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Remaking a Classic – Dragons

I’m afraid I have to put my foot down on this one. While the legend of dragons has many variations in terms of size, shape, intelligence, and powers, a dragon has six limbs! Four legs, two wings. Sorry Skyrim and Game of Thrones, but if the forelimbs are the wings you have a wyvern, no matter what it’s capable of.

With that solitary distinction in mind, let us take the classic fire-breathing, sky-borne terror and shake it up a bit.


In most fantasy settings dragons are intrinsic, often ancient, but generally quite natural, perhaps crafted by a god (or gods) of the same shape, or perhaps their true nature is shrouded in mystery and they simply are.

However, in a setting where magic is usually commonplace, could magic not craft such a terrible monster as it does so many others? What if dragons were crafted as weapons, or as guardians for mighty treasures? In the Dark Sun campaign setting, the destructive powers of magic can turn practitioners into dragons, Borys of Tyr succeeding until he was slain, and Dregoth of Giustenal being half-dragon, and creating a race of the same to serve him.

What of other genres? Many punk styled setting have depicted the return of the dragons, Reign of Fire being a prime example of dragons (though not true dragons) being very organic beings, using fire generated by mixing chemicals from glands either side of the mouth.

As a personal favourite, I recommend watching this when you have a couple of hours to spare:

For the short version, this show proposes natural evolutionary adaptations that could generate a living, flying, fire-breathing – or vomiting – dragon.


This is a debate I’ve had frequently. Which do you prefer:

The bestial dragon is an uncontrollable engine of rage and destruction. Driven by hunger, territoriality, or at times, fear, a dragon that runs on instinct has a far greater lethal edge. A bestial dragon can be controlled by an intelligent and powerful entity and kept as guard-dogs, but a volatile one at best.

The intelligent dragon has a cunning mind, a plan for every stratagem, a counterplay for every tactic. Though less bloodthirsty, when they attack they are far more precise and devastating. An intelligent dragon might enslave a nation, but their intelligence also makes them vulnerable to deception and wit.

I for one am a fan of intelligent dragons as they offer a great deal by way of narrative options, but a dragon that is too old and wise can offer be an indomitable enemy, having thought of quite literally every possible means by which it can be slain, and thought of a way to prevent them all.


The idea of a greater enemy with pet dragons can make for a rather terrifying concept. What kind of power could tame a monster of such incredible strength, and more to the point if they are that powerful why would they need to?


Why do dragons gather large quantities of treasure? How do they gather such wealth, and how do they protect it? In the case of Tolkein’s legendary Smaug, surprise, speed and terrible fire seized the fortune of Lonely Mountain, and reputation and general power were enough to keep armies of dwarves at bay. He slumbered within the mountains of gold and jewels.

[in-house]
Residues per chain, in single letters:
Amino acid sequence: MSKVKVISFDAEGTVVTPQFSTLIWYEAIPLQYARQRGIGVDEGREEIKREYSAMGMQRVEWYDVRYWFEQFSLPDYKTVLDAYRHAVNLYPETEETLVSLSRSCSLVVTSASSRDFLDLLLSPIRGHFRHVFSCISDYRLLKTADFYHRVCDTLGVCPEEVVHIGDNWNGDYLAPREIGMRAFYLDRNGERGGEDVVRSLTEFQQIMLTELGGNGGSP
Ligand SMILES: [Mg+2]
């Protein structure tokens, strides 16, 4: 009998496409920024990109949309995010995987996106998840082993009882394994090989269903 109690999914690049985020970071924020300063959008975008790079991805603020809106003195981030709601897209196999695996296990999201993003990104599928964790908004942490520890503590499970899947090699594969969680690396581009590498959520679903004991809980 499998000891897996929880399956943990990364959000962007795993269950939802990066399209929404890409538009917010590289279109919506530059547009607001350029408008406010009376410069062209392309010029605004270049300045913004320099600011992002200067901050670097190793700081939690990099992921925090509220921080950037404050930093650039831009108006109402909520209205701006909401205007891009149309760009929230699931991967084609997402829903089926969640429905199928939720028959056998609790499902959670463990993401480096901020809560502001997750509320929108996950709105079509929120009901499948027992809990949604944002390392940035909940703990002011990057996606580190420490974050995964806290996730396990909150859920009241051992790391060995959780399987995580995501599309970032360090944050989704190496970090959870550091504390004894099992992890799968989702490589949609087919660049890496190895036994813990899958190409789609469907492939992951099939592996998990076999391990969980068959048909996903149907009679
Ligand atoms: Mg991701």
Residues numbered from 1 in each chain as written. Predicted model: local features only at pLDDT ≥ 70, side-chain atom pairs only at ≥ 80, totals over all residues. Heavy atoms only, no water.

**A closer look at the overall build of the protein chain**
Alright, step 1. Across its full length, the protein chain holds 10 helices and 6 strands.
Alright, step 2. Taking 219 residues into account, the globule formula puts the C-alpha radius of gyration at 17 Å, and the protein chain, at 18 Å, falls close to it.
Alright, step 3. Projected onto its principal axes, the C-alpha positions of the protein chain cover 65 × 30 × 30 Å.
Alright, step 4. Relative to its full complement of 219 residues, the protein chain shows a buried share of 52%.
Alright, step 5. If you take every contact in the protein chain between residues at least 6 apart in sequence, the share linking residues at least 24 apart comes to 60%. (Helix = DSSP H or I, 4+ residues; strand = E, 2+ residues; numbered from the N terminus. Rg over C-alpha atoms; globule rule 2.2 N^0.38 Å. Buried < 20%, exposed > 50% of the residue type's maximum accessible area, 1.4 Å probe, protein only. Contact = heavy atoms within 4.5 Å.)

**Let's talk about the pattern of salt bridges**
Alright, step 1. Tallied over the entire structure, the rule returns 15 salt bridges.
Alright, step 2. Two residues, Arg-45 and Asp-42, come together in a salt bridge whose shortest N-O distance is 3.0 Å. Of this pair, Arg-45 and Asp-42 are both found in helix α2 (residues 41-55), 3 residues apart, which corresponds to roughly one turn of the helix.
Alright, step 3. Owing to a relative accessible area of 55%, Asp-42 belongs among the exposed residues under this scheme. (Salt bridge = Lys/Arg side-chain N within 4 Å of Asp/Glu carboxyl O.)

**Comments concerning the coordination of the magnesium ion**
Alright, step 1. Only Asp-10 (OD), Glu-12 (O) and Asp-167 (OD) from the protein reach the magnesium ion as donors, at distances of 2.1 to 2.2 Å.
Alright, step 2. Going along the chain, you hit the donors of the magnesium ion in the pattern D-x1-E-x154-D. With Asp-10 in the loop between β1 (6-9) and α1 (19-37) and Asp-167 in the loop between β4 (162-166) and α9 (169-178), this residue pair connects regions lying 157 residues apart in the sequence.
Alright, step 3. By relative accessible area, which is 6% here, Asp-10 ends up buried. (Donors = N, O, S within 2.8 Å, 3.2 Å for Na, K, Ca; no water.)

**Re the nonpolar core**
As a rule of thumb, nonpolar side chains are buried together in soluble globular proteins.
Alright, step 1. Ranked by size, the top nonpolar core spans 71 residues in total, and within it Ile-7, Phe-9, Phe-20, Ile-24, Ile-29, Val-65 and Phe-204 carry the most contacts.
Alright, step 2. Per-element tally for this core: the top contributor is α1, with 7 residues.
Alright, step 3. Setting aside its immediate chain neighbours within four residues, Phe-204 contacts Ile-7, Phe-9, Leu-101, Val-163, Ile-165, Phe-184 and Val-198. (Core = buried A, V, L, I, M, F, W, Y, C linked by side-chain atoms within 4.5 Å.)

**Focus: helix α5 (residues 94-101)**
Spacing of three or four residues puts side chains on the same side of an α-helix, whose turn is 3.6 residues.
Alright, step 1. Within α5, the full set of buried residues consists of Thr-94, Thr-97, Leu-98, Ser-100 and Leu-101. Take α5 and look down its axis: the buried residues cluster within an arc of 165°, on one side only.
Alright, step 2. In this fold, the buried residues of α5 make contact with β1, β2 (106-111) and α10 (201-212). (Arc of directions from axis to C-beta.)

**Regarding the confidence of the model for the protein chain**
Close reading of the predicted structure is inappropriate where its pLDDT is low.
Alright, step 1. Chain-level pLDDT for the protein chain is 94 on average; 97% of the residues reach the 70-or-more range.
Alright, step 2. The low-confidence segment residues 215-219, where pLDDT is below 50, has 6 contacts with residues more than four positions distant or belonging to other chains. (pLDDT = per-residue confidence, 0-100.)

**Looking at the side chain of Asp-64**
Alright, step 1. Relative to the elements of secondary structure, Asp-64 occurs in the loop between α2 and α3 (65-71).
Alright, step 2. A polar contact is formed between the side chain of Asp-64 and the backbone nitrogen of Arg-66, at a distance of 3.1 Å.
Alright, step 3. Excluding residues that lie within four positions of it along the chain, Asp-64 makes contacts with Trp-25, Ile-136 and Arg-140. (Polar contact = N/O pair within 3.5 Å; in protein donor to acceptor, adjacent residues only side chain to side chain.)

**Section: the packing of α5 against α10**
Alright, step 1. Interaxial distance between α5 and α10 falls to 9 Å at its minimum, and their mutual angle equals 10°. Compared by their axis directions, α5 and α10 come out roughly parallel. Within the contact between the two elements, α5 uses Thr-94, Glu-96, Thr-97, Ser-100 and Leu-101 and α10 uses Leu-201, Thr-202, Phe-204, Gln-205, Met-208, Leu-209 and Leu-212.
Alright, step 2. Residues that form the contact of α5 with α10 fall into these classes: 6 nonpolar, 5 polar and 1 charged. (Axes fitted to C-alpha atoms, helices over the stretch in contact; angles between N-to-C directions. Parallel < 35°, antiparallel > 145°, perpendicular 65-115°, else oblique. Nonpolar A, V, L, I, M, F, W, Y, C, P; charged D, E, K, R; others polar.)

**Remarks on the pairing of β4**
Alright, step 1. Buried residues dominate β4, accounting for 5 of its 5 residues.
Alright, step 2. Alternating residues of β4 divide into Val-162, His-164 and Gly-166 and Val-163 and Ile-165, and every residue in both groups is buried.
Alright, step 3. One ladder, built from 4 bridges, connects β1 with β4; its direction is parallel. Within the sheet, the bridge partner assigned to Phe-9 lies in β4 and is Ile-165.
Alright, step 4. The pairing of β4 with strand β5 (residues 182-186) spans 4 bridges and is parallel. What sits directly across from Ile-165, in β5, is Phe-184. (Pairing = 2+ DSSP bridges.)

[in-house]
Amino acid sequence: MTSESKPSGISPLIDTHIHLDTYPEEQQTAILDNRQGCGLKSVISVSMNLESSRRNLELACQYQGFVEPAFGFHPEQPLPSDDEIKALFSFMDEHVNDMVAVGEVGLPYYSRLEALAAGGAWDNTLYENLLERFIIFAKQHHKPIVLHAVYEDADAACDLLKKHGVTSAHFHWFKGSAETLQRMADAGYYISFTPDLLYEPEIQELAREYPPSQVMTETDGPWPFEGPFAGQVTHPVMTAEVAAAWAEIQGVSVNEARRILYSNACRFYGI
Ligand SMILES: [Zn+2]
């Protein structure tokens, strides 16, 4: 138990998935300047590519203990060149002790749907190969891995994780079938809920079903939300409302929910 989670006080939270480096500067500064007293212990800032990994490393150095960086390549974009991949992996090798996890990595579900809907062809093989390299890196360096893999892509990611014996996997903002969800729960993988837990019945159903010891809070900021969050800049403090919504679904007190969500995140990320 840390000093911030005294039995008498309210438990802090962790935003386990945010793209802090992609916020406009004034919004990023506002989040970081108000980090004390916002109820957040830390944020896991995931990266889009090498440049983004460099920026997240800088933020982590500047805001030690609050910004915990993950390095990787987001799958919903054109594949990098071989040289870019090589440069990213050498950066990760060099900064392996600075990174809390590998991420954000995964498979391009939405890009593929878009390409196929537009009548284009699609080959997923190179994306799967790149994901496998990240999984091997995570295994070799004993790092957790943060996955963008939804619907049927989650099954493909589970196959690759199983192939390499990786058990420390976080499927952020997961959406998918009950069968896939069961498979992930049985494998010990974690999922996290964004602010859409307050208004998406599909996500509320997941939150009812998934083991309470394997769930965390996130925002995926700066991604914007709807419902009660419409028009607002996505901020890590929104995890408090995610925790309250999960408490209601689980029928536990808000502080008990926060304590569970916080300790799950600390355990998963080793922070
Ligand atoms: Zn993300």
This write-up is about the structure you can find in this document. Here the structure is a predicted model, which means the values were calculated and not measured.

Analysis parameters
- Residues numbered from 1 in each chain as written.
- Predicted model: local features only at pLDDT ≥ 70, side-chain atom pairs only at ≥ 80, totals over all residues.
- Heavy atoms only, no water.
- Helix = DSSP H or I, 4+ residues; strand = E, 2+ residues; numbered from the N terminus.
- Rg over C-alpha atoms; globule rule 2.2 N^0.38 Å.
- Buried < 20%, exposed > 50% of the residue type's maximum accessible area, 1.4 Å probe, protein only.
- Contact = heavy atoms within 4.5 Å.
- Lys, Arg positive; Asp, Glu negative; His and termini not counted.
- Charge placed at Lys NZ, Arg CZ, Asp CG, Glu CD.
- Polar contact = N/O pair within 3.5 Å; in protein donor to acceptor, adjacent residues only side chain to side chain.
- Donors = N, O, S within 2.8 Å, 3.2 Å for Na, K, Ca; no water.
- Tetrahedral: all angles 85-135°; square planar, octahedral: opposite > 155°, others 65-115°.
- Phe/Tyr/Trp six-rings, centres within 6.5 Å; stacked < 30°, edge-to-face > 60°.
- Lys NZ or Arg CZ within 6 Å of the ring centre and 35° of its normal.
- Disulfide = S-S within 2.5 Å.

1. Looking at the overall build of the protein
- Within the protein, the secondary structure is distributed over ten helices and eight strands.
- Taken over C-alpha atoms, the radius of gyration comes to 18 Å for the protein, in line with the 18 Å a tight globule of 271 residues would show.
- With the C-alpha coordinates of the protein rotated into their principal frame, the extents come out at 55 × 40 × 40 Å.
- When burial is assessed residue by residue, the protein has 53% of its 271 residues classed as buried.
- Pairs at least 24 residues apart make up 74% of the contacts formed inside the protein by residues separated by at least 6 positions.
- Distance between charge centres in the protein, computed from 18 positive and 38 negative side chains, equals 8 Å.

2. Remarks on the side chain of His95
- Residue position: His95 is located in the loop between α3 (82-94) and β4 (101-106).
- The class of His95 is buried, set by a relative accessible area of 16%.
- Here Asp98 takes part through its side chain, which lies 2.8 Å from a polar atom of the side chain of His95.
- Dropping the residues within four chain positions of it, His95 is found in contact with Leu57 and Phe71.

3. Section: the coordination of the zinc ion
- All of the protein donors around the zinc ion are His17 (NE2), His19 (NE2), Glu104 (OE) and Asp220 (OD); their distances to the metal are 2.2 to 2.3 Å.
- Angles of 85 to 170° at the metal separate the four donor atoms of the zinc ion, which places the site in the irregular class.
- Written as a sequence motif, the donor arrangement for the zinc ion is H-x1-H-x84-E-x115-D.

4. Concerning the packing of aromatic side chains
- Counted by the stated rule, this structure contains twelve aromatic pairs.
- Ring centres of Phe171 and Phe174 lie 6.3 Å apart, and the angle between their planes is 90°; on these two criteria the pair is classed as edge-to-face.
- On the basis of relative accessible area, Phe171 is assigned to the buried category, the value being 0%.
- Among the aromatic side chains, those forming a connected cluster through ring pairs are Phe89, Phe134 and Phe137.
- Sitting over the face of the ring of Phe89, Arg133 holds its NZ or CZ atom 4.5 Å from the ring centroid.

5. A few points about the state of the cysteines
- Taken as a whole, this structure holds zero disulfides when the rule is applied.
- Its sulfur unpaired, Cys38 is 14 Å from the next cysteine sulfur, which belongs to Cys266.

But in Dungeons & Dragons an entire species exists to serve, obey and protect the hoard so that their draconic masters need not sully themselves. Kobolds – although originally the name of a german mine spirit – are lizard like cowards that rarely leave the safety of their masters’ lair to steal and gather for the hoard.

Suppose as well that a dragon might care little for gold. What about a dragon who hoards sunken ships, fine art, or advanced and alien technologies? A dragon’s trove might reflect it’s personality, and clues about how to talk to the dragon, or even slay it, might be found by exploring the halls of treasure.

Variations On A Theme

Rarely do dragons come in one variety. Harry Potter, Dungeons & Dragons, and most of all How to Train Your Dragon all include a vast array of draconic species with drastic differences. Size, shape, colour, spines, frills, breath weapons, even the number of heads.

It may be personal opinion, but a dragon can be any manner of reptile with wings and four limbs. Hulking piles of muscle and claws or lithe serpentine lizards, even Ojutai of Magic: the Gathering’s world Tarkir, the feathered ice-breathing monastery master.


To finish another redesign article, here are some comedy options:

  • A dragon who hoards beanie babies.
  • The beige dragon which breathes a cone of scalding hot porridge.
  • A dragon with a soft spot for a bad pun.
  • A dragon with chameleon eyes that keeps demanding to be taken seriously.
  • Half dragon squirrel

4 responses

  1. This was a fun post. By the way, I watched and enjoyed that pseudodocumentary a couple of years ago.


    September 10, 2015 at 5:56 pm

    • Same. It was helpful when considering ecosystems for fantasy and sci-fi settings.

      And thanks for reading, these posts are a lot of fun to write, I’m glad you enjoyed this one

      Liked by 1 person

      September 10, 2015 at 7:18 pm

  2. I think it’s interesting how cultures that never interacted with each other somehow independently came up with the concept of dragons. It makes me wonder how that happened.

    I find it slightly disappointing whenever they’re completely bestial; it usually just means that they’re powerful monsters or effectively flying beasts of burden depending on the story. I too prefer the idea of intelligent dragons as it is far more interesting; that opens up many more creative directions than the alternative. For instance, you could make one a protagonist – and that’s just scratching the surface.


    September 16, 2015 at 4:28 pm

  3. Pingback: Remaking A Classic – Fantasy Worlds | GeekOut South-West

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